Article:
Discussion:
Replacing IDE HD with IDE SSD: Is It Worth Doing?
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David Kaye
2015-08-24 11:27:59 UTC
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I like descriptive titles. Immediately you know what the post is about.
So, I'm wondering if the throughput of an IDE (PATA) solid state drive is
fast enough compared to the existing hard drive to make the replacement
worth doing?

I've replaced a couple SATA HDs with SATA SSDs and the gain in speed is
remarkable. But PATA is an older, slower technology.

Ideas anyone?




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(null)
2015-08-24 21:20:16 UTC
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Post by David Kaye
I like descriptive titles. Immediately you know what the post is about.
So, I'm wondering if the throughput of an IDE (PATA) solid state drive is
fast enough compared to the existing hard drive to make the replacement
worth doing?
I've replaced a couple SATA HDs with SATA SSDs and the gain in speed is
remarkable. But PATA is an older, slower technology.
Ideas anyone?
As I recall, PATA drives never came close to the interface max throughput.
Perhaps SSDs might. If anything, the drop in latency should help too.
Jeff Liebermann
2015-08-24 21:33:31 UTC
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On Mon, 24 Aug 2015 04:27:59 -0700, "David Kaye"
Post by David Kaye
I like descriptive titles.
I don't. I prefer descriptive content, such as what machine and OS is
this PATA drive running. Mostly, I'm interested in the OS as support
for SSD drives is somewhat OS dependent.
Post by David Kaye
Immediately you know what the post is about.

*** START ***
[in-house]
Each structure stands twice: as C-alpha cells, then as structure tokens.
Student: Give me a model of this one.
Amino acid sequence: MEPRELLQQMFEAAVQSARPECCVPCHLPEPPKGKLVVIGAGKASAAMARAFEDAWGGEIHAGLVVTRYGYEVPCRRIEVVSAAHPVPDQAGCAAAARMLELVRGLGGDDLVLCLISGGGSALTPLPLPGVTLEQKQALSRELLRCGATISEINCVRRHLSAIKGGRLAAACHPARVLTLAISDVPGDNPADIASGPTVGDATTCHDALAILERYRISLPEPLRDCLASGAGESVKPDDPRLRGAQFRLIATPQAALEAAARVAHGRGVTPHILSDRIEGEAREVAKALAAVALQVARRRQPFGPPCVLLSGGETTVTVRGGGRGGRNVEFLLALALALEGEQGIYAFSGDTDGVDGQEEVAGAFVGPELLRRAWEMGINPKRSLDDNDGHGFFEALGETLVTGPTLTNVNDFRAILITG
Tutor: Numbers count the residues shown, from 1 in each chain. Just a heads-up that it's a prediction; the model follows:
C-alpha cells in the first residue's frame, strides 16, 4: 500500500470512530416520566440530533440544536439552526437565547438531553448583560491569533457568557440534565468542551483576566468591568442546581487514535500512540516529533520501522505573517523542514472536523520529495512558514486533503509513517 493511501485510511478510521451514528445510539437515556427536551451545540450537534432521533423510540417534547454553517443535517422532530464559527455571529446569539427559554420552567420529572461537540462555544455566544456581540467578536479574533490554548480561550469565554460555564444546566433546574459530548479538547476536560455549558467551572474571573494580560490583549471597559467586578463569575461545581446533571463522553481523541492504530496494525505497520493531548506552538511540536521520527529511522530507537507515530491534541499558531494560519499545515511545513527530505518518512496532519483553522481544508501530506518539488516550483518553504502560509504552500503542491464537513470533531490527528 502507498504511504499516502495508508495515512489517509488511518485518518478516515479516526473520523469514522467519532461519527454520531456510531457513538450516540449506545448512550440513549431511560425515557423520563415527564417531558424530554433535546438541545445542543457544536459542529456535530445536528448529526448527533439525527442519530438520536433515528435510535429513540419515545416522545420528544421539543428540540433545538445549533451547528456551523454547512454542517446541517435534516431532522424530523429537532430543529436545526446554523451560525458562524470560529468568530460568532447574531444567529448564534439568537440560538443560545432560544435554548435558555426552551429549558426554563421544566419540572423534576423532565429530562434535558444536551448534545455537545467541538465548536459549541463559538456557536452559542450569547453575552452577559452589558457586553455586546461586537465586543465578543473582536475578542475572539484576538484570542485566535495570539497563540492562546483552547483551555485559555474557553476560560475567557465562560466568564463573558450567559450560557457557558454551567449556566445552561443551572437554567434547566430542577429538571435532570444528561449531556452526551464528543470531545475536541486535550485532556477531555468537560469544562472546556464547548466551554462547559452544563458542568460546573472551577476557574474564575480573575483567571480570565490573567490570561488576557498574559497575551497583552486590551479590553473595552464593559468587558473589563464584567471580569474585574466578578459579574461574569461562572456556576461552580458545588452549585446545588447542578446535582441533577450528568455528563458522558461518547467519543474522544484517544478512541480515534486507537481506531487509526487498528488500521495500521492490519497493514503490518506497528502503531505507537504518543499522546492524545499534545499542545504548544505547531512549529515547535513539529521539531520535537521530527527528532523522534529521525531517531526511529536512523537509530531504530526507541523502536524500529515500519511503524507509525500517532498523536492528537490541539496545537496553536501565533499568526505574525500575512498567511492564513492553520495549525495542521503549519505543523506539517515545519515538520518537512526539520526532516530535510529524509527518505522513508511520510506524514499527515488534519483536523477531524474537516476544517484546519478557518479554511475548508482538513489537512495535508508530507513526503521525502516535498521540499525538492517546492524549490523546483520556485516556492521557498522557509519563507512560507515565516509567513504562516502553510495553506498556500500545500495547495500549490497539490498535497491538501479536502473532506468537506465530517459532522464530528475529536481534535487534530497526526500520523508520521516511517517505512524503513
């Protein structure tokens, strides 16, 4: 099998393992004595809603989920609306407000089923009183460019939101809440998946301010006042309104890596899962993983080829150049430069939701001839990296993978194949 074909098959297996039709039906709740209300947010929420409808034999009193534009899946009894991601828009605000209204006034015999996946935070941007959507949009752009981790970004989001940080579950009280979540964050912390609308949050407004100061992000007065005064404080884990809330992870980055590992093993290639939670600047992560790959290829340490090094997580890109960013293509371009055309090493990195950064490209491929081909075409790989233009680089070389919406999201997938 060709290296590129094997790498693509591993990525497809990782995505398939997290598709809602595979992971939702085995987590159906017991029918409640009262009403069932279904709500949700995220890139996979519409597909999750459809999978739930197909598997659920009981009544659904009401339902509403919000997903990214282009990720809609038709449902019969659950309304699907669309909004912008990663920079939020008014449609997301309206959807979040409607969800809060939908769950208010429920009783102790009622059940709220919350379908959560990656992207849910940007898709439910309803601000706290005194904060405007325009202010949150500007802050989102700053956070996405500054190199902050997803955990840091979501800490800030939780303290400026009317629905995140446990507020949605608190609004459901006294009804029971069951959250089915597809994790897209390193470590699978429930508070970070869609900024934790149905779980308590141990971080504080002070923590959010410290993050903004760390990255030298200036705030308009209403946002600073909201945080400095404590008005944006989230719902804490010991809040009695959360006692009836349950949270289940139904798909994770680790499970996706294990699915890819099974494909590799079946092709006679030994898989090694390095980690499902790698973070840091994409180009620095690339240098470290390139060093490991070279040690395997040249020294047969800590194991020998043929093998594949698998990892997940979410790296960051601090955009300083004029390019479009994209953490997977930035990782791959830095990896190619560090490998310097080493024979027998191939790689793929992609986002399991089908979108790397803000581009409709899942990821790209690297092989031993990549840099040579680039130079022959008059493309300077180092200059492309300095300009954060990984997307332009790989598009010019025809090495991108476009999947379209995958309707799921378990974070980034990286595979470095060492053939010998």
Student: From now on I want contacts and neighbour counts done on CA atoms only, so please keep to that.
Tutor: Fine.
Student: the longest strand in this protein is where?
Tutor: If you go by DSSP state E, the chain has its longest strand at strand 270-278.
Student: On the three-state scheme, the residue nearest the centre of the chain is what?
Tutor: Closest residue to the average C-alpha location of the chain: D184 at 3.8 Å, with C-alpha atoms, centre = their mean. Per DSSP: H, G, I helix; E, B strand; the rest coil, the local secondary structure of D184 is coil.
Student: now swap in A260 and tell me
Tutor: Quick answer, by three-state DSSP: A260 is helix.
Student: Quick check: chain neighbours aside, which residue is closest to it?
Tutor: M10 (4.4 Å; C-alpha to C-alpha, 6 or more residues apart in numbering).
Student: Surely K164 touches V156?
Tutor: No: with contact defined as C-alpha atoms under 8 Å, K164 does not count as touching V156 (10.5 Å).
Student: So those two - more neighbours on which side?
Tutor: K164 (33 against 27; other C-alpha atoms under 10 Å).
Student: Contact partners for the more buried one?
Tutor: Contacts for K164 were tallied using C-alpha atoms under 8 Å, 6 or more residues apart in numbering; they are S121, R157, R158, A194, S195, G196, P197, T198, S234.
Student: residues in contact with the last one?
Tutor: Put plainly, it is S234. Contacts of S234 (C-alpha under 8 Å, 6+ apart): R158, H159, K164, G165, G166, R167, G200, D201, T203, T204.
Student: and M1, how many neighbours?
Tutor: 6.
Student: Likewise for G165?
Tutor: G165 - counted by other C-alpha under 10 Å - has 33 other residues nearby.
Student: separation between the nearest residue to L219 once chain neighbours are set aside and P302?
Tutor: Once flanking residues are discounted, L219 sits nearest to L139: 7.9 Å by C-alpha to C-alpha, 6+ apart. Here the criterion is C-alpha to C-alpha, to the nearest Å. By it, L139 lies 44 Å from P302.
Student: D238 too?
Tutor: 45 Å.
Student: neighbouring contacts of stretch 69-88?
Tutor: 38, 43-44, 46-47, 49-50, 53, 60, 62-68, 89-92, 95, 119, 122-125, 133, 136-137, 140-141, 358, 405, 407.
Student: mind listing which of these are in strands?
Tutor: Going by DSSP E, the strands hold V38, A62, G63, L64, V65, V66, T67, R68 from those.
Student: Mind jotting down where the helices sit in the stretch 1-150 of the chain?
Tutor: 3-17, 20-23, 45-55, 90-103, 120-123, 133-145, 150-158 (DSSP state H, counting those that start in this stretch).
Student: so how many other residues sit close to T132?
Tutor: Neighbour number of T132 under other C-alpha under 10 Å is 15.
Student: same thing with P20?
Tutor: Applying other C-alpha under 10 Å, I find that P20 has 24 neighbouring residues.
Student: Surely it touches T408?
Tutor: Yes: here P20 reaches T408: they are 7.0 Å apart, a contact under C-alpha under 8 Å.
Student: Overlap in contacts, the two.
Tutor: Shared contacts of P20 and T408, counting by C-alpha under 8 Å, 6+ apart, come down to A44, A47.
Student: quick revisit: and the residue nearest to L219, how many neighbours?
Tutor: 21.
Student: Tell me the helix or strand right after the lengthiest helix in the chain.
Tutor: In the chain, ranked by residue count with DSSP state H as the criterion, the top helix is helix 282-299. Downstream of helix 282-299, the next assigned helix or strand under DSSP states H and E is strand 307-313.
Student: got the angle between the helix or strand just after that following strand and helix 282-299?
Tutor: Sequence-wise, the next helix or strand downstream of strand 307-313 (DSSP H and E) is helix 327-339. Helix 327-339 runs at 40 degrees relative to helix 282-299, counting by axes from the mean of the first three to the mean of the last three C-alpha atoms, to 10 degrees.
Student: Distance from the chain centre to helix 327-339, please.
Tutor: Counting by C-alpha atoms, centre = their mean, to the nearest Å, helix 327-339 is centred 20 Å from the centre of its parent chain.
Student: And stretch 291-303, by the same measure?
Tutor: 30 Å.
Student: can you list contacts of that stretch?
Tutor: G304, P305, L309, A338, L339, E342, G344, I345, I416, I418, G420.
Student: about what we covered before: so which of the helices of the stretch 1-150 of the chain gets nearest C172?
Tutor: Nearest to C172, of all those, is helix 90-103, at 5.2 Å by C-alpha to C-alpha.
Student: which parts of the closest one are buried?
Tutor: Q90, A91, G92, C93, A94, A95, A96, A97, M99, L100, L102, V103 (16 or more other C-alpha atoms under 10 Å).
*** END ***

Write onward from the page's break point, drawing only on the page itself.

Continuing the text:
Not me. I don't read the Subject line unless required. I usually
repeat the subject line in the message body for those like me that
don't like a mess of navigation junk on top of every page, or who
purchased 1366x768 dot LCD screens with truncated vertical work area.
Post by David Kaye
So, I'm wondering if the throughput of an IDE (PATA) solid state drive is
fast enough compared to the existing hard drive to make the replacement
worth doing?
Drive throughput is limited by the drive and the HD controller.
Plugging a 6 Gigabits/sec SATA III drive onto a PATA 133 Mbits/sec bus
will operate at the SLOWEST speed, most typically that of the PATA bus
speed. Most things will be the same as PATA, except you will benefit
from nearly zero average seek time, which is a big win.

On the down side, your unspecified OS and BIOS probably do not have
TRIM support. While this is not necessary, having it will increase
the life of the drive by drastically reducing the number of writes.
(Reads are fast and safe. Writes are slow and destructive). You may
also have some problems getting the SSD formatted so that everything
is on 4K boundaries. In general, I think it's a good idea because the
expected life of the old computah, operating system, and SSD are all
fairly short and should fail at approximately the same time. Make
sure your SSD comes with some monitoring utilities so you can keep an
eye on the damage. I installed a Samsung 850 SSD (recommended) in an
XP laptop and a destkop without TRIM. Two months so far and Samsung
Magician software hasn't found any damage or problems. If it fails in
about 2 years, I'm happy because the SSD has deferred the purchase of
a new machine which makes the $100 purchase well worthwhile.
Post by David Kaye
I've replaced a couple SATA HDs with SATA SSDs and the gain in speed is
remarkable. But PATA is an older, slower technology.
I'm getting 3x to 5x faster on most machine.
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